Though she is only twenty-three, Zoya has witnessed and endured more tragedy and terror than most people experience in a lifetime. Born in a land ravaged by war, she was robbed of her parents when they were murdered by Muslim fundamentalists. Devastated, she fled Kabul with her grandmother and started a new life in exile in Pakistan. She joined the Revolutionary Association of the Women of Afghanistan (RAWA), an organization that challenged the crushing edicts of the Taliban government, and she took destiny into her own hands, joining a dangerous, clandestine war to save her nation.
Direct and unsentimental, Zoya vividly brings to life the realities of growing up in a Muslim culture, the terror of living in a perpetual war zone, the pain of losing those she has loved, the horrors of a woman’s life under the Taliban, and the discovered healing and transformation that lead her on a path of resistance.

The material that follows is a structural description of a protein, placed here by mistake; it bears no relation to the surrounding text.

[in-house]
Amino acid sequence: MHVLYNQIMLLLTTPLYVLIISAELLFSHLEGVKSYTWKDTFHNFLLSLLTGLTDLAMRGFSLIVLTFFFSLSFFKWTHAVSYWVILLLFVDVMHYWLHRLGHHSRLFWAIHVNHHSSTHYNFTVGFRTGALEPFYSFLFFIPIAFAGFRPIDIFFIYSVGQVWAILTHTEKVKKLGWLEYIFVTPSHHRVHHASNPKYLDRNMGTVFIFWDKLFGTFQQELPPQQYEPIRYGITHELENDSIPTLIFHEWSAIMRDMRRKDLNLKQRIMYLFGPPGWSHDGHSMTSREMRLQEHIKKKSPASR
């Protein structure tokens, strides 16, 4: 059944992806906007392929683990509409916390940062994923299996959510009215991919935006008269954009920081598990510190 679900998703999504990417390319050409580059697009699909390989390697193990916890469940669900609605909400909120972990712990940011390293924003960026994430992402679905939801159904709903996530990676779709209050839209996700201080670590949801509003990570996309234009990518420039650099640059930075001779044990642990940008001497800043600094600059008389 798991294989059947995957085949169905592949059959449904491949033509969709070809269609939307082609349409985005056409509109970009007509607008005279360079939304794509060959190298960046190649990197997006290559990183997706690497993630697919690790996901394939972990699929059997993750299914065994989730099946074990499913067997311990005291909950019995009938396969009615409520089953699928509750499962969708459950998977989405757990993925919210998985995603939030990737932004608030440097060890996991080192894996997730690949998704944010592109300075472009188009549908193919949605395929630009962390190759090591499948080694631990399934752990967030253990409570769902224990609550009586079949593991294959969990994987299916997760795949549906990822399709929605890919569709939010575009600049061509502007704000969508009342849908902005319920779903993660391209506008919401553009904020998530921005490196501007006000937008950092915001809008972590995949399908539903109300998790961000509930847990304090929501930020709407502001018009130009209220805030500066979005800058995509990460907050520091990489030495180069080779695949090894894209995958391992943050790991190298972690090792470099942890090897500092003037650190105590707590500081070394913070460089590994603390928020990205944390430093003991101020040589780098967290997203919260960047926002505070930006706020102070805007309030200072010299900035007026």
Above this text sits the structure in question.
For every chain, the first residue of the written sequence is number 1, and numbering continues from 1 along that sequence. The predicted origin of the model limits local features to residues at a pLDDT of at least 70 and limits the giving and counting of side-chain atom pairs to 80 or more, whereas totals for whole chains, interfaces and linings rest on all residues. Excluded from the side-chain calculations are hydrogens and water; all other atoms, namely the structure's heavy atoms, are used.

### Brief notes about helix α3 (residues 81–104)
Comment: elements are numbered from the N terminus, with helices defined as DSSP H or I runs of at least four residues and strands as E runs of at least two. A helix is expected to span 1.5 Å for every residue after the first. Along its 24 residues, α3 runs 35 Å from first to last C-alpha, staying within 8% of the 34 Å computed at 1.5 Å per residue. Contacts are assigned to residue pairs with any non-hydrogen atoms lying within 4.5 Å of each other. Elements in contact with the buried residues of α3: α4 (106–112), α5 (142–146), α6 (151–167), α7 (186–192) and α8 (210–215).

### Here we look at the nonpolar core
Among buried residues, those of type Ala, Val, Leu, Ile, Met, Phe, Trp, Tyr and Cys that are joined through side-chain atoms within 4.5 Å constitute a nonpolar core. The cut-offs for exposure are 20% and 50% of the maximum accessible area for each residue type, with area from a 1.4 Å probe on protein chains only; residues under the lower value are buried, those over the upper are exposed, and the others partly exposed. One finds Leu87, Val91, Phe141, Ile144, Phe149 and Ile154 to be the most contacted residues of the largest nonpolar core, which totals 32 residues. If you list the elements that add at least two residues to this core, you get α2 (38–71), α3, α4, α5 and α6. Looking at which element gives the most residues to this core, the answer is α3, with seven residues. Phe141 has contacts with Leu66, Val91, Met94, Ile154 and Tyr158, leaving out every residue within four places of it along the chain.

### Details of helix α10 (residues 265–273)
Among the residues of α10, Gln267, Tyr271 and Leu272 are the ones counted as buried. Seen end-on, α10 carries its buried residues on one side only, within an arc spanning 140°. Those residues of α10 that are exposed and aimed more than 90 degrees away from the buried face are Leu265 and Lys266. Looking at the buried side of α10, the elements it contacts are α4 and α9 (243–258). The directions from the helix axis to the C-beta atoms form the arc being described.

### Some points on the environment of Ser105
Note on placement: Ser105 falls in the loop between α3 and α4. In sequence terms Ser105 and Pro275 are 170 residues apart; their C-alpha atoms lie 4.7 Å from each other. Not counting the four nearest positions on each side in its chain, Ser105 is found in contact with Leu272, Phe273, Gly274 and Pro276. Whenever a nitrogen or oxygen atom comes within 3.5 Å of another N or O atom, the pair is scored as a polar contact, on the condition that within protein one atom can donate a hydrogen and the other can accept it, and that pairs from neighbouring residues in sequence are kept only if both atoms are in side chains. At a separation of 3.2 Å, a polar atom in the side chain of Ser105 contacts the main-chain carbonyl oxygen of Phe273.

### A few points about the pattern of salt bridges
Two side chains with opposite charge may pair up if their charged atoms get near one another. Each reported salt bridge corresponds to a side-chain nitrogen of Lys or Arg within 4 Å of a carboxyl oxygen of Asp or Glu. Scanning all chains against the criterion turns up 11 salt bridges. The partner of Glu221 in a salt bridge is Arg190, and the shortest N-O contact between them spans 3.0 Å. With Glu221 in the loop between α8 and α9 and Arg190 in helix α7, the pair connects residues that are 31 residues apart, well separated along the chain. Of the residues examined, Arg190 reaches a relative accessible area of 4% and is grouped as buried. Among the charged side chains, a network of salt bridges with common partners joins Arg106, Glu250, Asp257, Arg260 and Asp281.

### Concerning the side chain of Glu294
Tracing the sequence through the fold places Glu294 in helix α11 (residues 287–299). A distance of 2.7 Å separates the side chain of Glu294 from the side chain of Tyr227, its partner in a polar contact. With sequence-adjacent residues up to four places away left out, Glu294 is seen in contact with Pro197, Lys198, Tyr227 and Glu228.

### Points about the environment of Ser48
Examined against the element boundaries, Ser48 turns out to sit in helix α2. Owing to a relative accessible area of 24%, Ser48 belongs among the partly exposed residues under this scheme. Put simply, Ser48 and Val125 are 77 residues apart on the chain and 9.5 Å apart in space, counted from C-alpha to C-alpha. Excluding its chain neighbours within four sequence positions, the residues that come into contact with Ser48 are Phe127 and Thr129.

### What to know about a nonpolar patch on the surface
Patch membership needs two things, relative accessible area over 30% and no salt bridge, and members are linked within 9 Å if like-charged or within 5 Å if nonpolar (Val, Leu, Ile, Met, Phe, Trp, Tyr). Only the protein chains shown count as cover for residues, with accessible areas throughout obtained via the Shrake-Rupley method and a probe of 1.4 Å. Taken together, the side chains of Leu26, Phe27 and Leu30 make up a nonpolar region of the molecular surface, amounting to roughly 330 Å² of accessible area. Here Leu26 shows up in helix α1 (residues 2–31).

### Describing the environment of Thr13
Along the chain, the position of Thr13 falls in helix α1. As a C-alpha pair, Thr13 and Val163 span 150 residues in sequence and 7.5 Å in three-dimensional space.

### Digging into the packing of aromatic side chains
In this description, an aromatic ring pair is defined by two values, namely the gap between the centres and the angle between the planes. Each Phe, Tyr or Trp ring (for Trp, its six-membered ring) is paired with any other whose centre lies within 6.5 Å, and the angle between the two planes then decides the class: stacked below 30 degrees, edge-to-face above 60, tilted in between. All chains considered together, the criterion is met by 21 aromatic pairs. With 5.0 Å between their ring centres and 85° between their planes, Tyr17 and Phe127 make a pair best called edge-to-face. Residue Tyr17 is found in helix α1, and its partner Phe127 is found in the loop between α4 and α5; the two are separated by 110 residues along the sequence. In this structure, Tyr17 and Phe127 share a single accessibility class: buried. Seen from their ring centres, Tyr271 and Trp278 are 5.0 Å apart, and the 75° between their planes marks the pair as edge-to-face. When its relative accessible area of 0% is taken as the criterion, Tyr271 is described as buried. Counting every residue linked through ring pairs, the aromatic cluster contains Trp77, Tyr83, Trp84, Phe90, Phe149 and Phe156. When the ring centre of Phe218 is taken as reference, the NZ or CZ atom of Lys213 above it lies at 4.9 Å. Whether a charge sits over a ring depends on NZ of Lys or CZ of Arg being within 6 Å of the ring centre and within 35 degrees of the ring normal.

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She vividly describes Taliban atrocities, the grossly inadequate medical care for women (most female doctors fled), and the absurdity of wearing the cumbersome burqa, in which “something as mundane as eating ice cream became a ridiculous undertaking.” Timely and sobering.| Read Full Review of Zoya's Story: An Afghan Woman...
Now 23, Zoya was a child during the Russian invasion and a teen when the Taliban took power.| Read Full Review of Zoya's Story: An Afghan Woman...
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